Now that the dust from the Indian election has settled and portfolios have been allocated, with the Finance Minister going to Pranab Mukherjee, the question on everyone’s mind concerns whether we’re actually going to see reforms in various industry sectors. In particular, the one that interests me is the financial services industry.
In her joint address of the Indian Parliament last Thursday, President Pratibha Patil spoke of (a) the need to create a new pensions regulator, (b) easing foreign direct investment for international banks, and (c) the disinvestment of various public sector undertakings.
Whilst some of the largest international banks and insurance companies are already there, will the existing stakeholders – including the Indian banking fraternity allow this to happen? Lack of progress, only, holds back plans to make Mumbai an international centre for financial services.
It may be true that British insurers like Aviva, the Pru, Standard Life, Royal & Sun Alliance, and Legal and General have successful partnerships with Indian firms like Dabur, ICICI etc, but they’re held back from further expansion mainly as a result of the 26% cap on foreign ownership. Mr. Chidambaram, former Finance Minister, even commented that insurance penetration in India as being “pathetically low”. And that India must “move along with the rest of the world”.
With critical reforms not taking place, the insurance markets are dominated by inefficiency; stifling innovation and competition; and limiting expansion of life and health insurance to rural areas.
In the banking sector too, foreign banks have earned a good reputation . HSBC, Barclays, Standard Chartered all have a significant presence in India but the expansion of these and other international players is held back by high capital requirements, equity caps on foreign ownerships, restrictive limitations on new branch licenses, and burdensome licensing procedures.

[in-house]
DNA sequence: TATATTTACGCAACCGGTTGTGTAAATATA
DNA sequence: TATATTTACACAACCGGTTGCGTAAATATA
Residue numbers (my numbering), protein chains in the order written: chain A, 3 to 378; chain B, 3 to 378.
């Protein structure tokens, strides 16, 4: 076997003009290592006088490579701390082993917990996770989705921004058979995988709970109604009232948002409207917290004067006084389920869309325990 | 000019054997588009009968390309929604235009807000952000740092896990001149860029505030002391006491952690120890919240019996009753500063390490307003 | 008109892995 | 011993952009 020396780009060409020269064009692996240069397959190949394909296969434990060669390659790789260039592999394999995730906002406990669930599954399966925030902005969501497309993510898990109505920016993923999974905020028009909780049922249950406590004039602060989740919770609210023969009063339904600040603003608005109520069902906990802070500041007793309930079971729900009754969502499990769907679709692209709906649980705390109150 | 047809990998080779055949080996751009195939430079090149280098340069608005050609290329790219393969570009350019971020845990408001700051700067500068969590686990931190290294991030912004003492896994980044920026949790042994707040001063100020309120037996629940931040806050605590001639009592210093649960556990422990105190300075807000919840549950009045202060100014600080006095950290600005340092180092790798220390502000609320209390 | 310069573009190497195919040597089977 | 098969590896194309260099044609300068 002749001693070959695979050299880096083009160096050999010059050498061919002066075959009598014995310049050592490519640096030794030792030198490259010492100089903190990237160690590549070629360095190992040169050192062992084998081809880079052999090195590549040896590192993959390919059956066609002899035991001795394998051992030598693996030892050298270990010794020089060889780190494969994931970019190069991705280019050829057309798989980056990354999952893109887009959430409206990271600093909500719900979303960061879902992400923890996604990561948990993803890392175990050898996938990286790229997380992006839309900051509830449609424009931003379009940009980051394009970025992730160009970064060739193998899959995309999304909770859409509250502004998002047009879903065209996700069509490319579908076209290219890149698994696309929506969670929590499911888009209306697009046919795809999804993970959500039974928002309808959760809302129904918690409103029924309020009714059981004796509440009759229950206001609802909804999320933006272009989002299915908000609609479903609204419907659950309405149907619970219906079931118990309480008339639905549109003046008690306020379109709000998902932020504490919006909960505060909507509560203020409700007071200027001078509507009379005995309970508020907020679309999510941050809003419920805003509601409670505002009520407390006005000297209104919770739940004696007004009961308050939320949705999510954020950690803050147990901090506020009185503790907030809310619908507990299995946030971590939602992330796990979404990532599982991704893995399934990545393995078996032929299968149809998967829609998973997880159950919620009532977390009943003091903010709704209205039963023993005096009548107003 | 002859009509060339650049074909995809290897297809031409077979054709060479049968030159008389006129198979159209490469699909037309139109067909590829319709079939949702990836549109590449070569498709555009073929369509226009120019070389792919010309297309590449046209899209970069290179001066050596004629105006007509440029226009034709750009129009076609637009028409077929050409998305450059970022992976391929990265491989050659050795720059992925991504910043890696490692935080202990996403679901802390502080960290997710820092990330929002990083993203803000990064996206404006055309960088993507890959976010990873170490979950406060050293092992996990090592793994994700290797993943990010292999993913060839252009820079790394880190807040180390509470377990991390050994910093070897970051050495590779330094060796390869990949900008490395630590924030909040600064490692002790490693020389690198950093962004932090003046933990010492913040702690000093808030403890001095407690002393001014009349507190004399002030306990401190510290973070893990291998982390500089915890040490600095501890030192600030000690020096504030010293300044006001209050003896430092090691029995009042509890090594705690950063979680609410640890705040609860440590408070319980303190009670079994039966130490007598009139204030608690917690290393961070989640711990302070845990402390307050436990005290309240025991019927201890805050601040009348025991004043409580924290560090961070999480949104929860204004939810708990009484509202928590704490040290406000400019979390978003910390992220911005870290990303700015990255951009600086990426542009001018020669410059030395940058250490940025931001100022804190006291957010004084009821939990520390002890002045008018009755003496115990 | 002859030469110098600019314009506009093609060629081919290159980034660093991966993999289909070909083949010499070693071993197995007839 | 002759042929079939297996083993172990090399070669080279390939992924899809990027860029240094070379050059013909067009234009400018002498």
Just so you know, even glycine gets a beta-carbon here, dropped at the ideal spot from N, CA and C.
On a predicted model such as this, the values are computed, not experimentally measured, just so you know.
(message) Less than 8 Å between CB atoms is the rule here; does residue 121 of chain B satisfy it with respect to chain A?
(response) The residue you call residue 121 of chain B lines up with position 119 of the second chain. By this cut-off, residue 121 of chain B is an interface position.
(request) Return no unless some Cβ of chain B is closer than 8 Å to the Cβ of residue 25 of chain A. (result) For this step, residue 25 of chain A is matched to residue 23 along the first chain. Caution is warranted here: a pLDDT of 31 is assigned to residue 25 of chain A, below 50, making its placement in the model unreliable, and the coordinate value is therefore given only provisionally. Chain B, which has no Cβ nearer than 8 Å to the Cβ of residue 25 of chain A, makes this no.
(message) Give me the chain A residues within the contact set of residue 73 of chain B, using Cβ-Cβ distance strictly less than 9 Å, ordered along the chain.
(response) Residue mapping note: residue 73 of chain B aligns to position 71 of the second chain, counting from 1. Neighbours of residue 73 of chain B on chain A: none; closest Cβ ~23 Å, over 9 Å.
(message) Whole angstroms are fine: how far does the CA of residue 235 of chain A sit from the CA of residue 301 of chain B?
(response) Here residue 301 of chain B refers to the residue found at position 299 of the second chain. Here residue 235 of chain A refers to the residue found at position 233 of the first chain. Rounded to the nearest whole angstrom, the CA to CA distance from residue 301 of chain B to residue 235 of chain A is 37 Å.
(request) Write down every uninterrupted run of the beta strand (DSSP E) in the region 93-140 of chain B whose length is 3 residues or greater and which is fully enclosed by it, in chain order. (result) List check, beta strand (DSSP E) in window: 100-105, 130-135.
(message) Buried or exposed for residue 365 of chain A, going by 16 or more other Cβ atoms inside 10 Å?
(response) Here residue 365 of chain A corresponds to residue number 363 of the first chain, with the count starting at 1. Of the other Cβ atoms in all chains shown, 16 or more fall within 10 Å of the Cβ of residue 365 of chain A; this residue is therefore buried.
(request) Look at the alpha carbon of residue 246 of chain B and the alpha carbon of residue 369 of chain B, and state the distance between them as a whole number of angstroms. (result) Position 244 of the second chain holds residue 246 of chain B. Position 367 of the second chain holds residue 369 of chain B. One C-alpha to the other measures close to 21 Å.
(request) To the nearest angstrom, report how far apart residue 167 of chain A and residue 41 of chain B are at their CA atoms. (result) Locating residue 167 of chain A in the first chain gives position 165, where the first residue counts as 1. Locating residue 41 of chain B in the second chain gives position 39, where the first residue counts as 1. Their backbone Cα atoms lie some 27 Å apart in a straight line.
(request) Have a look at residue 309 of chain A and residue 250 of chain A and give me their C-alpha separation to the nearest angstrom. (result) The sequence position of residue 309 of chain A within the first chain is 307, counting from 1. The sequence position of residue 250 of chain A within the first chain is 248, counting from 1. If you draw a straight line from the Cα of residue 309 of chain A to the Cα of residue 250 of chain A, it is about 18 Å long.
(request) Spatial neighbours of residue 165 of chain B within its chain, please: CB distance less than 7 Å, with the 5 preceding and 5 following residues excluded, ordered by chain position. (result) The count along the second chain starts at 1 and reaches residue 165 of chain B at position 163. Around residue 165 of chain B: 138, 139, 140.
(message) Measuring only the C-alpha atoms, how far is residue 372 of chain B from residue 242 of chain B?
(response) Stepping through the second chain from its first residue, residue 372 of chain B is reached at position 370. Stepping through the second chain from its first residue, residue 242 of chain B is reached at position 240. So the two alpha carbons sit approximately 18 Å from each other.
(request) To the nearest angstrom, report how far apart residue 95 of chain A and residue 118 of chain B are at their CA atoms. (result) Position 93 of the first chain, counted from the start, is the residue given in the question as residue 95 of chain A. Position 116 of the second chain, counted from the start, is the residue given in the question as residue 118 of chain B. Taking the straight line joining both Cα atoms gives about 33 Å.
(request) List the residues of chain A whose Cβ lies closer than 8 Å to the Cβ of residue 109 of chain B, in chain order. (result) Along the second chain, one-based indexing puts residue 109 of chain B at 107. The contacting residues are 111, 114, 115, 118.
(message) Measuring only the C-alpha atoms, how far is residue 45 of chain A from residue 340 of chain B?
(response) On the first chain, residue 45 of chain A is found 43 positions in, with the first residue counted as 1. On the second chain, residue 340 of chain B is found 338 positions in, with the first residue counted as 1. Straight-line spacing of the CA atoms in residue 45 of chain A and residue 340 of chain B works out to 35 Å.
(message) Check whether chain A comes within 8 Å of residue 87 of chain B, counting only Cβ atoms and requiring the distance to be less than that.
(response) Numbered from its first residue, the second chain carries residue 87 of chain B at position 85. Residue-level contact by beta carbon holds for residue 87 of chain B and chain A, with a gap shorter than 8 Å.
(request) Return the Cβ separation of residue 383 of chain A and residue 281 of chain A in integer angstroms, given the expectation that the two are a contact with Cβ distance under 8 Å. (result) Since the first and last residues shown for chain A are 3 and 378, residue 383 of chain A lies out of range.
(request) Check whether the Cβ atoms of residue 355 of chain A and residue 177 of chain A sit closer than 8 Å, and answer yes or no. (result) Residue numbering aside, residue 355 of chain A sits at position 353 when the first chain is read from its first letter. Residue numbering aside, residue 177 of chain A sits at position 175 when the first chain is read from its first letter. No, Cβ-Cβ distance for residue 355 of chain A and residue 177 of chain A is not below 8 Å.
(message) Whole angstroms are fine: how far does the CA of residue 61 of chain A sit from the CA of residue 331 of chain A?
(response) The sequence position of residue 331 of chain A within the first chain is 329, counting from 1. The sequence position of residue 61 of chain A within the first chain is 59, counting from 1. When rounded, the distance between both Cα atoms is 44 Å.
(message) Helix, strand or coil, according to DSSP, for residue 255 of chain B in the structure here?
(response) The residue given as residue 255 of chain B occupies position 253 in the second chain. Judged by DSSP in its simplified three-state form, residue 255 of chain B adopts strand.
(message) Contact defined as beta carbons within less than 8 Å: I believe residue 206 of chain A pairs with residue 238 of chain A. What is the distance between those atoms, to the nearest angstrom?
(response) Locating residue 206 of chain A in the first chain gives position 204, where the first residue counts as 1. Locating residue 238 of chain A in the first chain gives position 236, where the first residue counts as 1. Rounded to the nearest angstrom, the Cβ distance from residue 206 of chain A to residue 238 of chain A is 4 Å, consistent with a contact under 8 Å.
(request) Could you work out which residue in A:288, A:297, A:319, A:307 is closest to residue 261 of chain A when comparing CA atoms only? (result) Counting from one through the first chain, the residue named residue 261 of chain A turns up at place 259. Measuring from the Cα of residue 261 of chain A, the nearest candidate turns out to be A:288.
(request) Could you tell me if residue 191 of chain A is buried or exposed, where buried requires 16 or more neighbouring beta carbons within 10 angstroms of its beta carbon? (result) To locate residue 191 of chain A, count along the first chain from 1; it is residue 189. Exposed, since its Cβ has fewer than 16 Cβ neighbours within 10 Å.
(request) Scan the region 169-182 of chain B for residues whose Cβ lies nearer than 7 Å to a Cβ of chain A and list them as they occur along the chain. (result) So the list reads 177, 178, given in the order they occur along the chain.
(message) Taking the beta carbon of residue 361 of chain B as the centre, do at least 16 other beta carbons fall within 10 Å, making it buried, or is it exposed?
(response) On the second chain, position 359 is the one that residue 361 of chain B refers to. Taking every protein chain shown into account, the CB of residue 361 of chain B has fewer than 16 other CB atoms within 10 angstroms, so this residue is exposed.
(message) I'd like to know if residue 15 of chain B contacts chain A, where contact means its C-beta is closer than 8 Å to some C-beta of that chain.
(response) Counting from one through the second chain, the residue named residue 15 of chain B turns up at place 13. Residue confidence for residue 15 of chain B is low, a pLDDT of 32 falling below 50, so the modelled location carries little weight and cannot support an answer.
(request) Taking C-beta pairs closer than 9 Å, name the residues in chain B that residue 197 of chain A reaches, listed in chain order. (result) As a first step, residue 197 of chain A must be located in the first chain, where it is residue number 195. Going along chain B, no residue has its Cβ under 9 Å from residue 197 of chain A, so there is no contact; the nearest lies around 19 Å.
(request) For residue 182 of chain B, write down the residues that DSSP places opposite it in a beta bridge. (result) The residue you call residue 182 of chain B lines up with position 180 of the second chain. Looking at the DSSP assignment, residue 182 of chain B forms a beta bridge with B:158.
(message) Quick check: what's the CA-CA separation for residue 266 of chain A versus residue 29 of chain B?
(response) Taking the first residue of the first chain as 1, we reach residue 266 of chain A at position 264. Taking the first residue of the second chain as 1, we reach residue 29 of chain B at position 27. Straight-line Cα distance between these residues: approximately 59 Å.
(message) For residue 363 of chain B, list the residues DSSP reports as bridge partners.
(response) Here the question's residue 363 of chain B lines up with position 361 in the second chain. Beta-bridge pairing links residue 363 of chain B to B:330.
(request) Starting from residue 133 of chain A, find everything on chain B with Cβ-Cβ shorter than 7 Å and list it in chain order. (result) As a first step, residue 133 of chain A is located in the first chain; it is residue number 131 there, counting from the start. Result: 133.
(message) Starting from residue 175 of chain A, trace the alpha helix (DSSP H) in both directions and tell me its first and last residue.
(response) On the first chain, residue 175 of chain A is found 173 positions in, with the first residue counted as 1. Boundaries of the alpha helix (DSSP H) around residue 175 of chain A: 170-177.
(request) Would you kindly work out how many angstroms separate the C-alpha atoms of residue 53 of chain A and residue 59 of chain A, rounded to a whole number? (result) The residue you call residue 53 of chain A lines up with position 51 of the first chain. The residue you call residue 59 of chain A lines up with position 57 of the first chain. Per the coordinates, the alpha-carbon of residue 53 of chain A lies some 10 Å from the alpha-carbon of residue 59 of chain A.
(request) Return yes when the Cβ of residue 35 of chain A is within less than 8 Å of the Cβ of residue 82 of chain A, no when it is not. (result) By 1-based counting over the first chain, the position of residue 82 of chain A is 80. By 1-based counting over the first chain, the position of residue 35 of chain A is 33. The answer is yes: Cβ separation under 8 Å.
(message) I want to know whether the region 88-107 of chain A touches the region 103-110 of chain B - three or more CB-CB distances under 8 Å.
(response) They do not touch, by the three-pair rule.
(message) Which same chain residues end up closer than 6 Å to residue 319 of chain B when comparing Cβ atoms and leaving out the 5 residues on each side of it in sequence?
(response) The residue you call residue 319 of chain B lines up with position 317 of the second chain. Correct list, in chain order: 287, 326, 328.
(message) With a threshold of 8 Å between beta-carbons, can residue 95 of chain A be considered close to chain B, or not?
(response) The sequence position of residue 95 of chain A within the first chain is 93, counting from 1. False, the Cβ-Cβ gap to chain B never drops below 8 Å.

With a population in excess of 1 billion, India allows only 12 new banking licences per year!
Indeed the need for further reform of the Indian banking sector is highlighted by the fact that only ten of the 27 publicly owned banks are fully computerised!
Whilst HMG will continue to push for change, I believe that the Indian financial services community also stands to benefit from reforms and should push for it.
Not so long ago, KV Kamath, ICICI Bank’s Chairman made a point to me that made me think. He argued that the Indian banking environment and opportunity is limited for international banks for the reason that he didn’t believe that a HSBC would be interested in providing a 1 Rupee Loan to a villager living in the remotest part of India.
In defence of globalisation, wouldn’t it be great if the option existed? They may not want to participate in the growing micro-finance opportunity, but surely that’s a commercial decision for them.